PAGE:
clock menu more-arrow no yes mobile

Filed under:

Wild v Blues Game 5 Statistical Reflection

Jasen Vinlove-USA TODAY Sports

A good win Friday night, right Wilderness? It was a huge response from Devan Dubnyk, who stopped 36 of the 37 shots he faced in the game as the Wild stole a 4-1 victory from Scottrade Center. It wasn't pretty in the beginning, or in the end, for the Wild, but in the meat of the game, it struck when it could in very opportunistic fashion.

Special Teams

Wild 1/2 Blues 1/2

Each team traded power play goals, but a late third period penalty kill by the Wild came up huge when it needed to, as the Blues applied heavy pressure in an attempt to get back into the game. The Blues managed seven shots on the power play and Minnesota manged only only one shot on goal, but that was Nino Niederreiter's go-ahead goal and eventual game winner. The Wild may have had the best penalty kill of the regular season, but even then the Blues were one of the teams that made the Wild PK look mediocre.

Scoring on 3-out-of-10 power plays in the regular season and 2-out-of-9 through five games of the series, St. Louis' power play is converging at a 26.3 percent clip against the Wild this year. Minnesota scored on 3 of its 15 power play opportunities in the regular season, but has solved the Blues PK scoring 4-out-11 times for 36 percent in the series. It will be interesting if the Wild can stifle the Blues' power play, yet continue to score on its own chances the rest of the series.

Puck Possession

That part of the game was ugly if you're a Wild fan. Not only were the Wild out-shot 37-19 for the game, but the shot attempts favor the Blues quite heavily. For 5v5 shot attempts, the Blues directed 55 pucks towards the net. Minnesota only attempted 30 shots, which means the Blues got more shots on goal than the Wild attempted. St. Louis had long stretches of zone time and did well to pin the Wild deep in its zone.

Here is the 5v5 Shot Attempt chart for Game 5:


Courtesy of War On Ice

This was a classic PDO-type game. PDO adds the save percentage and the shooting percentage. This is supposed to show luck, and luck be a lady last night. Minnesota rode a motivated goaltender and the fact that Blues goaltender Jake Allen faltered, allowing the Wild to keep the game close.

Blues PDO - .816   Wild PDO - 1.183

The Wild had incredible luck that they were able to catch Allen having an off night and Dubnyk looking to respond after getting pulled in Game 4. PDO tends to fluctuate from game to game, and this is clearly a small sample size. A 1.183 PDO is crazy lucky, but all the Wild need in order to advance to the next round is one more game where luck is in its favor.

While the overall puck possession was skewed towards St. Louis, the scoring chances were closer. Only when the Wild led by two goals and were clearly not taking any chances in an attempt to cling to the lead did the Blues start to pull away.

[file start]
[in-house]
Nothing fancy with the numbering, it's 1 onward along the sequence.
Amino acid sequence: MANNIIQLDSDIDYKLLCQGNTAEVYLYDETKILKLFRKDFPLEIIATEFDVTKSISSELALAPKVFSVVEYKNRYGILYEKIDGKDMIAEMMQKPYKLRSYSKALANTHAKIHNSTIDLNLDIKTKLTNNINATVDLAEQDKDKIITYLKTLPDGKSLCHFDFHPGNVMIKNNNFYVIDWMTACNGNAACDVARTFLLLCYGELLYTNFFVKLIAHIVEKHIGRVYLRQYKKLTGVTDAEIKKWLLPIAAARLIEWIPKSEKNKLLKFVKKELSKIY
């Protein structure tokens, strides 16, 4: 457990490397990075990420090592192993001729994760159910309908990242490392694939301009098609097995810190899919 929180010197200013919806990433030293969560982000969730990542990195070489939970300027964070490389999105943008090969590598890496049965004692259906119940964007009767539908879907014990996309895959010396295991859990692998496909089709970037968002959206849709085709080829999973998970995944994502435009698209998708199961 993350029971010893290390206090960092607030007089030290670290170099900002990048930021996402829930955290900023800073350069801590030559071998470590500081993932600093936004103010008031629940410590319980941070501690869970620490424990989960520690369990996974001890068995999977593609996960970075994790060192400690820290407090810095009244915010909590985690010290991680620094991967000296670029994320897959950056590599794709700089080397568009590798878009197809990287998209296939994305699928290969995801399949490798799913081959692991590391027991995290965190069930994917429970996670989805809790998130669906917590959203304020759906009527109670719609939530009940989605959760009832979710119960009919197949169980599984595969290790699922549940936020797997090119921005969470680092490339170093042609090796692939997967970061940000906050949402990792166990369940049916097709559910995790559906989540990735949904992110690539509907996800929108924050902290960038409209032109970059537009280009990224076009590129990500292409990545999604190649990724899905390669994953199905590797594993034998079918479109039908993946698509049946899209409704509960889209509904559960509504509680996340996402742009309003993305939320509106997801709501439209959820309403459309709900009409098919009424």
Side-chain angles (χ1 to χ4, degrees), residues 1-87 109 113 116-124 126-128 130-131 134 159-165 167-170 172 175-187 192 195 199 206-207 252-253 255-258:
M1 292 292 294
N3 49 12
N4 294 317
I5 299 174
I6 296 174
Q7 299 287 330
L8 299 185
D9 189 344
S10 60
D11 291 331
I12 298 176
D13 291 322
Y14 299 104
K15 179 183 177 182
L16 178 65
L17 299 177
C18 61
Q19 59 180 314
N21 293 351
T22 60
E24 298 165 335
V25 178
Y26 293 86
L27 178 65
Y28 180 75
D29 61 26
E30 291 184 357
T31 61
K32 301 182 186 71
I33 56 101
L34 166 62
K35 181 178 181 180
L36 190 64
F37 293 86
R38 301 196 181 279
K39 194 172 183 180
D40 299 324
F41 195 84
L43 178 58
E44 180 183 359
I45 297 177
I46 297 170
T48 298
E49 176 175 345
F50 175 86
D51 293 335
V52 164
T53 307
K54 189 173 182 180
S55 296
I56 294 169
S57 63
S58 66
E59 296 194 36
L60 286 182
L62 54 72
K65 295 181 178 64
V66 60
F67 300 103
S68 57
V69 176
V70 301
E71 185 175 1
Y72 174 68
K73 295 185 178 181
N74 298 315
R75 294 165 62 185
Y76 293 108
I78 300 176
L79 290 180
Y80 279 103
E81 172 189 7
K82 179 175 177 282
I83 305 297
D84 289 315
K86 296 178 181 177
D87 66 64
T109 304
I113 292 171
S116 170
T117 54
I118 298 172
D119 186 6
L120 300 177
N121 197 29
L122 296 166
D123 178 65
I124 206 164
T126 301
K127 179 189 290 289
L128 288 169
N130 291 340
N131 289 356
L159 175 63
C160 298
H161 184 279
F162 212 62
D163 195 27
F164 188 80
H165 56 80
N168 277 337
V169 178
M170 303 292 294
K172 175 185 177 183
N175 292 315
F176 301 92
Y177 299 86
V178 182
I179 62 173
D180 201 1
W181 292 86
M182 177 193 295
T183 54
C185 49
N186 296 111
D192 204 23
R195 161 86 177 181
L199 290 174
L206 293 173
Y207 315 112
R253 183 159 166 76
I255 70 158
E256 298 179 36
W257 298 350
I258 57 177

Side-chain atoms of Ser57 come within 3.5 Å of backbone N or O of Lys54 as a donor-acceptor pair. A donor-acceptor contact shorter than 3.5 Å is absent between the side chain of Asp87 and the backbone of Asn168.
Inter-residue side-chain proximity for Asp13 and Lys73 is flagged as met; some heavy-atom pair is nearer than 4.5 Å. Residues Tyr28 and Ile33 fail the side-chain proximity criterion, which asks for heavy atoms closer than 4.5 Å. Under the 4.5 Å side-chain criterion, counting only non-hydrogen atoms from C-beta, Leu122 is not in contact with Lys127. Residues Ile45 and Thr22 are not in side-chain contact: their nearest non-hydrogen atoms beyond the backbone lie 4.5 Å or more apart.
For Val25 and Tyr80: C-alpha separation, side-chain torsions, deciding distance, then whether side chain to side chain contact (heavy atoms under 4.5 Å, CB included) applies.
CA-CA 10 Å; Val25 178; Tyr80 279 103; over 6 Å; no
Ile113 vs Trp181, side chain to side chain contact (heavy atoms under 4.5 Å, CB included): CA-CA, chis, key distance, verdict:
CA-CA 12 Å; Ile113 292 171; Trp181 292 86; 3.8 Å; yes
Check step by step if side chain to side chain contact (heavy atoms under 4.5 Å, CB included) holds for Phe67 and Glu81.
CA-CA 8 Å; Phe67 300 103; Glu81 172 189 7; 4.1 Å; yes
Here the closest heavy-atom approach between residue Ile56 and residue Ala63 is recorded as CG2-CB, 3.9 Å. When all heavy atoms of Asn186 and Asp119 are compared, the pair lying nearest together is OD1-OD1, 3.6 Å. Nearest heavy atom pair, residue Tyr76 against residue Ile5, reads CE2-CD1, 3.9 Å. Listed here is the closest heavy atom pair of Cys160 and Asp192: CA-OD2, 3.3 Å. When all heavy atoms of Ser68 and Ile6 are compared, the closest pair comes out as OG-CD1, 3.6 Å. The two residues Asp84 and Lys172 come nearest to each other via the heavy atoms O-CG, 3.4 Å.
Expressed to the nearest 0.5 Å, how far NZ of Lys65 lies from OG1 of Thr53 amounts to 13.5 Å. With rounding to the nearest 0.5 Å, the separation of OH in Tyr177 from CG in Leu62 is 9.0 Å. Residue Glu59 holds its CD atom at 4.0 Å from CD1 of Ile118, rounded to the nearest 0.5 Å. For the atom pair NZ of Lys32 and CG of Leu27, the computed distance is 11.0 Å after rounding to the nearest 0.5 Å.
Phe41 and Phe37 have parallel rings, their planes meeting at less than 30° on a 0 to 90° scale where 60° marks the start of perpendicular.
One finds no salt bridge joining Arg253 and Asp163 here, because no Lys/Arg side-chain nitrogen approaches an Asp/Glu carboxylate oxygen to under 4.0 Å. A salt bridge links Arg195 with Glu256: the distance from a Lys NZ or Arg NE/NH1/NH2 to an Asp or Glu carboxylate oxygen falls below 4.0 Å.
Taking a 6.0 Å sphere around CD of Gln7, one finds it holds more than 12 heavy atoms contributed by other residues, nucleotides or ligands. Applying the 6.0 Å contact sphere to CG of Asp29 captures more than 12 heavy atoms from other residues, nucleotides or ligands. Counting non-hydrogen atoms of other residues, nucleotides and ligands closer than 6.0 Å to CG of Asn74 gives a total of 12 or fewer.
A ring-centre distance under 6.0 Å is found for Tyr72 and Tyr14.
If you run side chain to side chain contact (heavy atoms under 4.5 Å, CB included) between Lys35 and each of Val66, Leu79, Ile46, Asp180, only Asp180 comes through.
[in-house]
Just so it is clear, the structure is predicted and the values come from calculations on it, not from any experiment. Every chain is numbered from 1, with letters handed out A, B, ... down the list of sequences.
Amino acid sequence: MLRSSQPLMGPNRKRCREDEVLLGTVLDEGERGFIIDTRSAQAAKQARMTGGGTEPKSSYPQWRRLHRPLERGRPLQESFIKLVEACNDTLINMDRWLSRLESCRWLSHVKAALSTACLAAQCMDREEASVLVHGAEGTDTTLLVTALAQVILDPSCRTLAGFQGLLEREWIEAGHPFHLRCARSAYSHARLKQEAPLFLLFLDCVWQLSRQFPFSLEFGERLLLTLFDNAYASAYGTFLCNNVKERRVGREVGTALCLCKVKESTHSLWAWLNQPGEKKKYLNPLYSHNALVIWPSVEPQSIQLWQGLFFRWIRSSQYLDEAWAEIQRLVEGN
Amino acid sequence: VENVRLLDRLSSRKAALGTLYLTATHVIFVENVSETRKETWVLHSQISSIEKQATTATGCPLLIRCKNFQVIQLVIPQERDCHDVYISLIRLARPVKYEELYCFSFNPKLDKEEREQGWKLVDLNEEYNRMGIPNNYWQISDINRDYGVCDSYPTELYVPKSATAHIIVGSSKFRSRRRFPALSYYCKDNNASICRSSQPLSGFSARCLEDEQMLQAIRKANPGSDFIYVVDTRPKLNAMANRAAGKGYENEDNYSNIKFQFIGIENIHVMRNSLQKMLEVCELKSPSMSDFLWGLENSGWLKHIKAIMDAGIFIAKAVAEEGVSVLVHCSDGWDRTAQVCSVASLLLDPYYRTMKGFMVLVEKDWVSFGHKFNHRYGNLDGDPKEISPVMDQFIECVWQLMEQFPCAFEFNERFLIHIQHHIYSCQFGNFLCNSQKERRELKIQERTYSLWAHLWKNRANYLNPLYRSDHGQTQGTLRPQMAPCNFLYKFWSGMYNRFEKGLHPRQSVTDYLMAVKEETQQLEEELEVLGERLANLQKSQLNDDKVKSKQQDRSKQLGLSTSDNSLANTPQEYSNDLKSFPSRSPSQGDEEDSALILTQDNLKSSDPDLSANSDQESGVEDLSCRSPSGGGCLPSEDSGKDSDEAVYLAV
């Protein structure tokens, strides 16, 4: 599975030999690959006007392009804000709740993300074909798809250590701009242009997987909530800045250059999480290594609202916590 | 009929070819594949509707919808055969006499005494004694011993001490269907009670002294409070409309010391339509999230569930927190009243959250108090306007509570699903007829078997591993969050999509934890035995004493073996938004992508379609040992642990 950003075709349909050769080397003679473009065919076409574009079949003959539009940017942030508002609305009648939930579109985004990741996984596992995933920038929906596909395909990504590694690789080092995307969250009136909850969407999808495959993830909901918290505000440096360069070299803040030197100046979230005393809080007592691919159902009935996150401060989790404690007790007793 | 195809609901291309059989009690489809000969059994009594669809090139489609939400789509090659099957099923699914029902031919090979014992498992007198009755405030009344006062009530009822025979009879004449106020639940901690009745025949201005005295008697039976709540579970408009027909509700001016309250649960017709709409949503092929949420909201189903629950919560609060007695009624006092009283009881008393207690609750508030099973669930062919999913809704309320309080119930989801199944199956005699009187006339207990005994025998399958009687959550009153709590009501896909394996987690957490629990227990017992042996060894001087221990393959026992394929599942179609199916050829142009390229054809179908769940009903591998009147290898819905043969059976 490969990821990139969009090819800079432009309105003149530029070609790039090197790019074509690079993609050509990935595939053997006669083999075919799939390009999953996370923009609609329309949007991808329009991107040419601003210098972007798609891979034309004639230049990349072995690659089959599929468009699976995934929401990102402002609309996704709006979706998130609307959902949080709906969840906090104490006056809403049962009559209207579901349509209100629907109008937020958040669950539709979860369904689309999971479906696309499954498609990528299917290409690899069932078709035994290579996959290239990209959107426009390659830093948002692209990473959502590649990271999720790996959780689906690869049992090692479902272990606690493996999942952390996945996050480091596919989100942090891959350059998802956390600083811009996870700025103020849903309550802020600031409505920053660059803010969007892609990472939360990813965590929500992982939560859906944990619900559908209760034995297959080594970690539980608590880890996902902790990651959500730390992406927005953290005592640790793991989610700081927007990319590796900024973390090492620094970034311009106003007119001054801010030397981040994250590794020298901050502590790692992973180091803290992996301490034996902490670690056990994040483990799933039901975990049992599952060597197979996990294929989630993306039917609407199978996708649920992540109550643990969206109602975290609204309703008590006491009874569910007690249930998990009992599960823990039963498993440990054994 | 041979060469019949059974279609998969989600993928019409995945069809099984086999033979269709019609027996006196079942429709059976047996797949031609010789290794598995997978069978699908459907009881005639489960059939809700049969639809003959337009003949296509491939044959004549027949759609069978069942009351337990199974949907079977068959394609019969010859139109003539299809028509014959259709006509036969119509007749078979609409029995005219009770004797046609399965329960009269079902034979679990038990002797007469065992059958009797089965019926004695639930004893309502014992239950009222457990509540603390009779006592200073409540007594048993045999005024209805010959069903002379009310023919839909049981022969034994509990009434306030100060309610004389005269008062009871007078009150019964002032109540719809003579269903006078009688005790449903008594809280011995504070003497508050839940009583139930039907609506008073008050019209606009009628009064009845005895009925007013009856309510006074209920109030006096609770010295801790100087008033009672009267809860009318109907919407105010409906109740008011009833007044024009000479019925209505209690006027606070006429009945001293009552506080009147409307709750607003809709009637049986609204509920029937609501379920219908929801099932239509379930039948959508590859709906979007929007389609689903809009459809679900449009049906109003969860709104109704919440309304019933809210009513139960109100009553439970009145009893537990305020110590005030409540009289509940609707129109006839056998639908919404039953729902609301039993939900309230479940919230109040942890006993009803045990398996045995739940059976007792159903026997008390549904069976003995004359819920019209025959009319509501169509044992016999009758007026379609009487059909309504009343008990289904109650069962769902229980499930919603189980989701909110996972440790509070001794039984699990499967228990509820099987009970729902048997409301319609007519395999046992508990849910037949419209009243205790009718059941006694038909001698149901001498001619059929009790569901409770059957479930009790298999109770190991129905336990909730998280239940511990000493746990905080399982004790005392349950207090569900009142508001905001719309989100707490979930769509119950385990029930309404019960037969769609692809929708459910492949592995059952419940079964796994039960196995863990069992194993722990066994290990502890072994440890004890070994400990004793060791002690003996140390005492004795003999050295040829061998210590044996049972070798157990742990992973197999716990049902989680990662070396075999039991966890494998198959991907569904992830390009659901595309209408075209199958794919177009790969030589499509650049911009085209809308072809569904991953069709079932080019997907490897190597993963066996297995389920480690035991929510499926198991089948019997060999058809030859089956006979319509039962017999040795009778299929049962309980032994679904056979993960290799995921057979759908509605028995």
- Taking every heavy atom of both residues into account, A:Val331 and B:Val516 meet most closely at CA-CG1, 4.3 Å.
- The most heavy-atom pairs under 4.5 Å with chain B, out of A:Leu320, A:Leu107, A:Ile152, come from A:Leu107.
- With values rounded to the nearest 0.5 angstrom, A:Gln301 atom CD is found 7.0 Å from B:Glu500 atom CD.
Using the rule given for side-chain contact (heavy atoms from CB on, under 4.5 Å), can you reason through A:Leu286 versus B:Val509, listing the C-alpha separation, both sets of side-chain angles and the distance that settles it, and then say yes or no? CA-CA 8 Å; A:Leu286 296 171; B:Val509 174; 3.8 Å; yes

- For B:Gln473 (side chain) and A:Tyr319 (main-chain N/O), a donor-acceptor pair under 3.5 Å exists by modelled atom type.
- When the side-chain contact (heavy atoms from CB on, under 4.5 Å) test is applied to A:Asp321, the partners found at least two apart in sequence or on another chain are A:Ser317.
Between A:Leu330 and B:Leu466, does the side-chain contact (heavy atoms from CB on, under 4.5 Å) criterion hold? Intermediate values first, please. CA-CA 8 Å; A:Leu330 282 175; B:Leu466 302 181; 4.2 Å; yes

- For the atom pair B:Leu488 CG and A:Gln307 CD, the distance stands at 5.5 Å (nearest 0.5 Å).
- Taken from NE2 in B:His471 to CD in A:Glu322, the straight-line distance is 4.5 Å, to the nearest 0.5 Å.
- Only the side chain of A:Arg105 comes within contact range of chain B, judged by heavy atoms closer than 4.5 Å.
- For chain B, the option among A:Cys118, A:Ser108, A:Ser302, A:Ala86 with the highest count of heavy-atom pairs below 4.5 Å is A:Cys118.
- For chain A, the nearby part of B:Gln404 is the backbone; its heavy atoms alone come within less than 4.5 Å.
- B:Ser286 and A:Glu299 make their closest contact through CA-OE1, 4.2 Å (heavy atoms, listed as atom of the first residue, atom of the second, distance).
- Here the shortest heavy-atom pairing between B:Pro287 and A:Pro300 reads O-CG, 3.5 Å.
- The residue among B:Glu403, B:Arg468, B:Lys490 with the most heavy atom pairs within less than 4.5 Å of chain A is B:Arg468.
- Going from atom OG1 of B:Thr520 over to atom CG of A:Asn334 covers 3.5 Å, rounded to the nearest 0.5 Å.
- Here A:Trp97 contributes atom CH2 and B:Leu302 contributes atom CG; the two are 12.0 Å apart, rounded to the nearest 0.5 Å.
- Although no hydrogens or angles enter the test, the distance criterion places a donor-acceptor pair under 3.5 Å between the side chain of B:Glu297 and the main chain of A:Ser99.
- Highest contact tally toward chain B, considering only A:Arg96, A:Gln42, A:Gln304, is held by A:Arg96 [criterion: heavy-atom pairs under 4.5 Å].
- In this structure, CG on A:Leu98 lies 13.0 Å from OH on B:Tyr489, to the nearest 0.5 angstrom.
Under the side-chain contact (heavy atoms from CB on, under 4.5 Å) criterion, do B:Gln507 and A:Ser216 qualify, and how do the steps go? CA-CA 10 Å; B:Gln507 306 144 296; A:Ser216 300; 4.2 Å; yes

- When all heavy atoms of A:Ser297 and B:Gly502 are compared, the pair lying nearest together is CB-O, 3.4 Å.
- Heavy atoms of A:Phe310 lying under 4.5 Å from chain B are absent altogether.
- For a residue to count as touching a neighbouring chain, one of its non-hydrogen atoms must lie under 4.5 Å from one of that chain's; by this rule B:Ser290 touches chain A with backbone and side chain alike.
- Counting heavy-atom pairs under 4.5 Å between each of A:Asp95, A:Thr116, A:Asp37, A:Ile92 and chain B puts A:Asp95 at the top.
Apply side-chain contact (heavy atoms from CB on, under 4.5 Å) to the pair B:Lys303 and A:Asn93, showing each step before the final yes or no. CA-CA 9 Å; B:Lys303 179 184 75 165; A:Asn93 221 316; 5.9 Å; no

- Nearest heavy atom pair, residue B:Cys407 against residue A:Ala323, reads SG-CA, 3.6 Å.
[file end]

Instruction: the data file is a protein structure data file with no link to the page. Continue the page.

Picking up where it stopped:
Courtesy of War On Ice

You can see that the Wild did trade chances with the Wild. This is probably because of the ability of the Wild to keep most of the shots to the perimeter. Alexander Steen may have had the best chances to score on Dubnyk, but Dubnyk was there to deny with the pad and a miraculous scramble type save.

Individual Performances

Thomas Vanek led all Wild skaters with three shots on goal in the game. Yeah, that Thomas Vanek that everyone complains about and set up Charlie Coyle's goal with a chip and hustle to to gather the puck in the corner in the Blues' end. Nino Niederreiter and Marco Scandella each scored their second goals of the playoffs, while Charlie Coyle and Mikko Koivu got off the schneid and potted their first goals of the post-season. Tarasenko scored his sixth goal of the playoffs, if you're comparing.

Faceoffs were both decent, and really bad. The good - Coyle and Koivu both won over 50 percent of their draws. However, Mikael Granlund and Kyle Brodziak both had identical 37 percent faceoff win percentages and were owned in the dots all night long. The Blues held a 41-36 edge in faceoffs.

Alex Pietrangelo led all skaters in time on ice with 28:17. The longest stretch was in the final minutes of the game. Ryan Suter saw 27:19 TOI and him and Jonas Brodin played the most solid defensively for the Wild. Actually, looking at the TOI chart for the Wild, Mike Yeo did a pretty good job of rolling all four lines and keeping the minutes fairly even. Of course PP and PK time will give some more than others, but in a game in which the Blues were dominating puck possession so to see the minutes so even, it's surprising.

Here is a Score Adjusted Corsi (Corsi is the legacy name of shot attempts) chart from Micah McCurdy (@IneffectiveMath) that maps out each player. You can see that Brodin and Suter were the best players on the ice for the Wild, and you can also see exactly how one-sided the game really was.


The Wild will need to continue to get the solid goaltending that they saw in Game 5 and they will need to apply the kind of pressure they had in Game 3 if they want to close out this series in six games on Sunday afternoon. A good process will often times lead to good results. Luck is all too fleeting and the Wild cannot expect to win games in the way they did in Game 5.